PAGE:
- Does the security product vendor have a dedicated team to assess and respond to security vulnerabilities reported for their products? Because most software vendors have a way to report and respond to bugs, security defects should be easily added to this process.
- Are reported security defects treated differently than non-security defects? You want to make sure security defects within security products are elevated to a higher priority fix.
- Does the security software vendor have staff to simulate security attacks against the product prior to release? Most vendors still lack the internal expertise to dedicate staff to security-specific testing.
- Does the security software vendor provide severity ratings for vulnerabilities, and how they are determined? Some companies are good at defining and sharing their severity rating system. You must understand, however, that severity is a subjective measure, so you will need to determine for yourself how severe a vulnerability is for your environment.
- Is security reviewed at each phase of the software development life cycle (SDLC)? Very few companies have incorporated security within all phases of the SDLC even though this is the most effective way to ensure security works as necessary and intended.
- Does the security software vendor use automated tools for security testing or code review? The use of automated tools to test security is increasing, but be sure the engineers using it are trained; there is no value in a tool that is not used correctly.
- Has the security software vendor created the software to ensure ease of use? What tests were performed to accomplish this? Did they use independent test groups to validate ease of use? Even the most technically effective security product will be diminished in value if it is difficult for your personnel to use.
- Does the security software vendor monitor the latest attack trends in the underground community and consider how those trends may affect their software? Vendors that are proactive with security disclosure and severity ratings typically conduct these types of activities.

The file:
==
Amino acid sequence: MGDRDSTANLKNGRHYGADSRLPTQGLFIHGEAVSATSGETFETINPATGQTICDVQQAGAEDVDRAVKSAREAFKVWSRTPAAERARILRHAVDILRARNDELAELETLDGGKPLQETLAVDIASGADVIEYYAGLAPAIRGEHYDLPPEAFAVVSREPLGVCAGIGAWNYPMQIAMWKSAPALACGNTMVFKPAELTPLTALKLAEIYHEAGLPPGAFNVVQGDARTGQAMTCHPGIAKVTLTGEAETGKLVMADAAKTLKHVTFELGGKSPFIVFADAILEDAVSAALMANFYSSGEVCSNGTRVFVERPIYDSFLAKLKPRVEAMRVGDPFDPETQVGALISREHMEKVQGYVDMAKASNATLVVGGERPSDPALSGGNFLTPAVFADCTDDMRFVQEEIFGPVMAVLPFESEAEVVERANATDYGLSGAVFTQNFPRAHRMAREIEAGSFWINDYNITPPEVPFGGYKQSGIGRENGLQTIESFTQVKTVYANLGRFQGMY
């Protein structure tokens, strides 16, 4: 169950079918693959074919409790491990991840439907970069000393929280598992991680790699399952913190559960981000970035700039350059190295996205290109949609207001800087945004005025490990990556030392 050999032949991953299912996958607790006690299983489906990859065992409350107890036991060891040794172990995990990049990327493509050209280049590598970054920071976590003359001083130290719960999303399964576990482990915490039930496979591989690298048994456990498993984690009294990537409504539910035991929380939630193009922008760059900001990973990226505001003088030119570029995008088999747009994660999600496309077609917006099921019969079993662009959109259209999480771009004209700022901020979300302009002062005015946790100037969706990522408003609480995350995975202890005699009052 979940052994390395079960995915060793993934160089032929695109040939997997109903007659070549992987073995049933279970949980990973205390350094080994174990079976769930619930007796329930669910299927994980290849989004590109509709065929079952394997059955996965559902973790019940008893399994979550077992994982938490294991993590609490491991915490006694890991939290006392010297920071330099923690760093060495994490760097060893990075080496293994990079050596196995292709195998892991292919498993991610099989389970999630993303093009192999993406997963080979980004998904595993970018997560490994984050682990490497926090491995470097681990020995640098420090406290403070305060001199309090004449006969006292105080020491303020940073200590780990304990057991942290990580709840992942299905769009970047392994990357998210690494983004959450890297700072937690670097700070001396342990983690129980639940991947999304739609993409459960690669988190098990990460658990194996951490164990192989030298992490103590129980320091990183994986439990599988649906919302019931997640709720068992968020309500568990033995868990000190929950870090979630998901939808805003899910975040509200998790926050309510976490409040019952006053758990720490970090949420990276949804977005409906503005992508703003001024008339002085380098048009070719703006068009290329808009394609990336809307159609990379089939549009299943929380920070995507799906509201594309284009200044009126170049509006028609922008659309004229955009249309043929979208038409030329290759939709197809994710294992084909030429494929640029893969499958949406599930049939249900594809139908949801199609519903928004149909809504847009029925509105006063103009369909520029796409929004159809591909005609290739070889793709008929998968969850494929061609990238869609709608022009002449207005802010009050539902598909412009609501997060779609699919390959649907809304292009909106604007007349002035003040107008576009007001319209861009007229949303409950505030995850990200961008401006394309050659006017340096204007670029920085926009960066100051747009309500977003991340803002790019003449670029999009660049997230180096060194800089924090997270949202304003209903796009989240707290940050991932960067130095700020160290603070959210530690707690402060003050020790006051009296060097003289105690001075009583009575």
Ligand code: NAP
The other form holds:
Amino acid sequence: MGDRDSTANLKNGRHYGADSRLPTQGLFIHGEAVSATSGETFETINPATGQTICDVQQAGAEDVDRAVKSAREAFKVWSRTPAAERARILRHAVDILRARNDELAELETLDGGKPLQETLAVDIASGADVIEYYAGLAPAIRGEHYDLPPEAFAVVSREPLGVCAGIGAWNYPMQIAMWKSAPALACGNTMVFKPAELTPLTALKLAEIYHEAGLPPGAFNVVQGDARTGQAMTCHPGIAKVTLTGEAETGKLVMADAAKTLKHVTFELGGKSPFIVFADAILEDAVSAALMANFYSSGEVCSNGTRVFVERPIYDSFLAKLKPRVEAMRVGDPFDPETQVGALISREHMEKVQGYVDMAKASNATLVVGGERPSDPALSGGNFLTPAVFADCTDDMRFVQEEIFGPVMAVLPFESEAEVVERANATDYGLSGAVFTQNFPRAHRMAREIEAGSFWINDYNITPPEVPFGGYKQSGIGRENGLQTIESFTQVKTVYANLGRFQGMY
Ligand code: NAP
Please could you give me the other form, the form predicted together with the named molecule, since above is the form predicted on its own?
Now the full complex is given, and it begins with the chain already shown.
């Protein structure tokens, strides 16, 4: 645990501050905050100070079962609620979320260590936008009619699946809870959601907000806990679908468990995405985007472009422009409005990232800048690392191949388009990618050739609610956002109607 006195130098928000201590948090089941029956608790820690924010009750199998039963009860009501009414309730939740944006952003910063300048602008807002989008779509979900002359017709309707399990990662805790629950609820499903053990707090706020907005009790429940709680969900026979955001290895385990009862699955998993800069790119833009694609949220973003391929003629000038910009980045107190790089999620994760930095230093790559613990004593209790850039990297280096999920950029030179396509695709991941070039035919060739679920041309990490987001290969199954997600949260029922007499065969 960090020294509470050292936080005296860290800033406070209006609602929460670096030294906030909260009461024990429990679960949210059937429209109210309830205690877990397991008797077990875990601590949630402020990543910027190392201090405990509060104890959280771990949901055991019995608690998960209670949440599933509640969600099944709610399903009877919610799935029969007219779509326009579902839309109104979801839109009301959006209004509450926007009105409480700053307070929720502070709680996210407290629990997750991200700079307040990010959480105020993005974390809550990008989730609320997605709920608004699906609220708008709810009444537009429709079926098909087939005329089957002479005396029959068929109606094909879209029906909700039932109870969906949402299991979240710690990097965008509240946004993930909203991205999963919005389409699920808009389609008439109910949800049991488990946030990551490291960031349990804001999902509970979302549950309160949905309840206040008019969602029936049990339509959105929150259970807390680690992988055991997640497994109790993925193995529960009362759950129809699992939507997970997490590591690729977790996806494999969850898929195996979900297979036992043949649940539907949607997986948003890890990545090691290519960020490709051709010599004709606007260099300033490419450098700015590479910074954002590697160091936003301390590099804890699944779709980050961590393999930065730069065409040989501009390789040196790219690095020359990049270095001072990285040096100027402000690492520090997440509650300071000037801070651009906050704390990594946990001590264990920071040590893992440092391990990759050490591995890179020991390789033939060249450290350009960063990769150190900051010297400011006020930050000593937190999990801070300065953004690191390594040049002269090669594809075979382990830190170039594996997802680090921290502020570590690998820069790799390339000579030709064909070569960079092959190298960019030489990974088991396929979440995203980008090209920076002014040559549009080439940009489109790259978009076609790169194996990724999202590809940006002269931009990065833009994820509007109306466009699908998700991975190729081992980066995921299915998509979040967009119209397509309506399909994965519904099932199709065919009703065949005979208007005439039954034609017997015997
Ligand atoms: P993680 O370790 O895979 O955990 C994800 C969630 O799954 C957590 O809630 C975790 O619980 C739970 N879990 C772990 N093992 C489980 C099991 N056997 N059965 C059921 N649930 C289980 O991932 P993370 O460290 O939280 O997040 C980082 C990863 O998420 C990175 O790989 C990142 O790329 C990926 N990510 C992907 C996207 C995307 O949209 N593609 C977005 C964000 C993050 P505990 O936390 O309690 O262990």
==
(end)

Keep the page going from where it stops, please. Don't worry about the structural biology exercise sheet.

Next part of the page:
- What are the terms of the security software vendor support agreement? Will it ensure that all critical security defects will be fixed quickly, such as within 1 month of discovery? Few vendors will make such a statement or commit to it contractually. However, the more customers ask for such terms, the more vendors will feel pressured to quickly address security vulnerabilities.
- Has the security software vendor ever released an emergency security patch? This will help point to the responsiveness of the security vendor.
- What is the security software vendor's patch release strategy and what tools do they offer for patch deployment? Many, if not most, vendors do not provide regularly scheduled releases, and few offer fully tested patches. You often do not get both timeliness of a patch and a fully tested patch. You may need to decide which is most important for your organization, timeliness or fully vetted patches.
- What methodologies does the security software vendor use for security testing their products? Look for methodologies adopted from NIST or based upon frameworks and standards such as COBIT, the CC, or ISO 27001.
- What methods does the security software vendor use to inform customers of vulnerabilities? Registered customers should have vulnerability information disclosed to them immediately, even before the associated patch is ready. It is also good if the vendor allows you to choose the method of disclosure, such as by email or phone. Be aware that many vendors believe that no disclosure at all is the best policy, or they choose just to notify their customers and the public only after a patch is ready.
- What percentage of the security software vendor software development and testing team is focused on security? A security product vendor should have staff dedicated solely to security. Look for a vendor that has personnel doing testing for all the different aspects of software quality (functionality, reliability, performance, usability, accessibility).
- What training does the security software vendor development and testing team receive specific to application and systems security? They should put all their personnel through some type of security training, and they should provide ongoing awareness. Unfortunately, many software vendors still do not provide adequate security training and awareness to their own personnel.
- Is the security product compatible with your legacy systems? Organizations often purchase security products only to find upon installation that the products are incompatible with the organization's existing security software.
- Does the security vendor have substantiated testimonials to provide from other customers who use the product? Is contact information provided so that you can contact the other customers to ask about their experiences and satisfaction with the product? It is good to confirm from others actually using the software that it does indeed work as promised.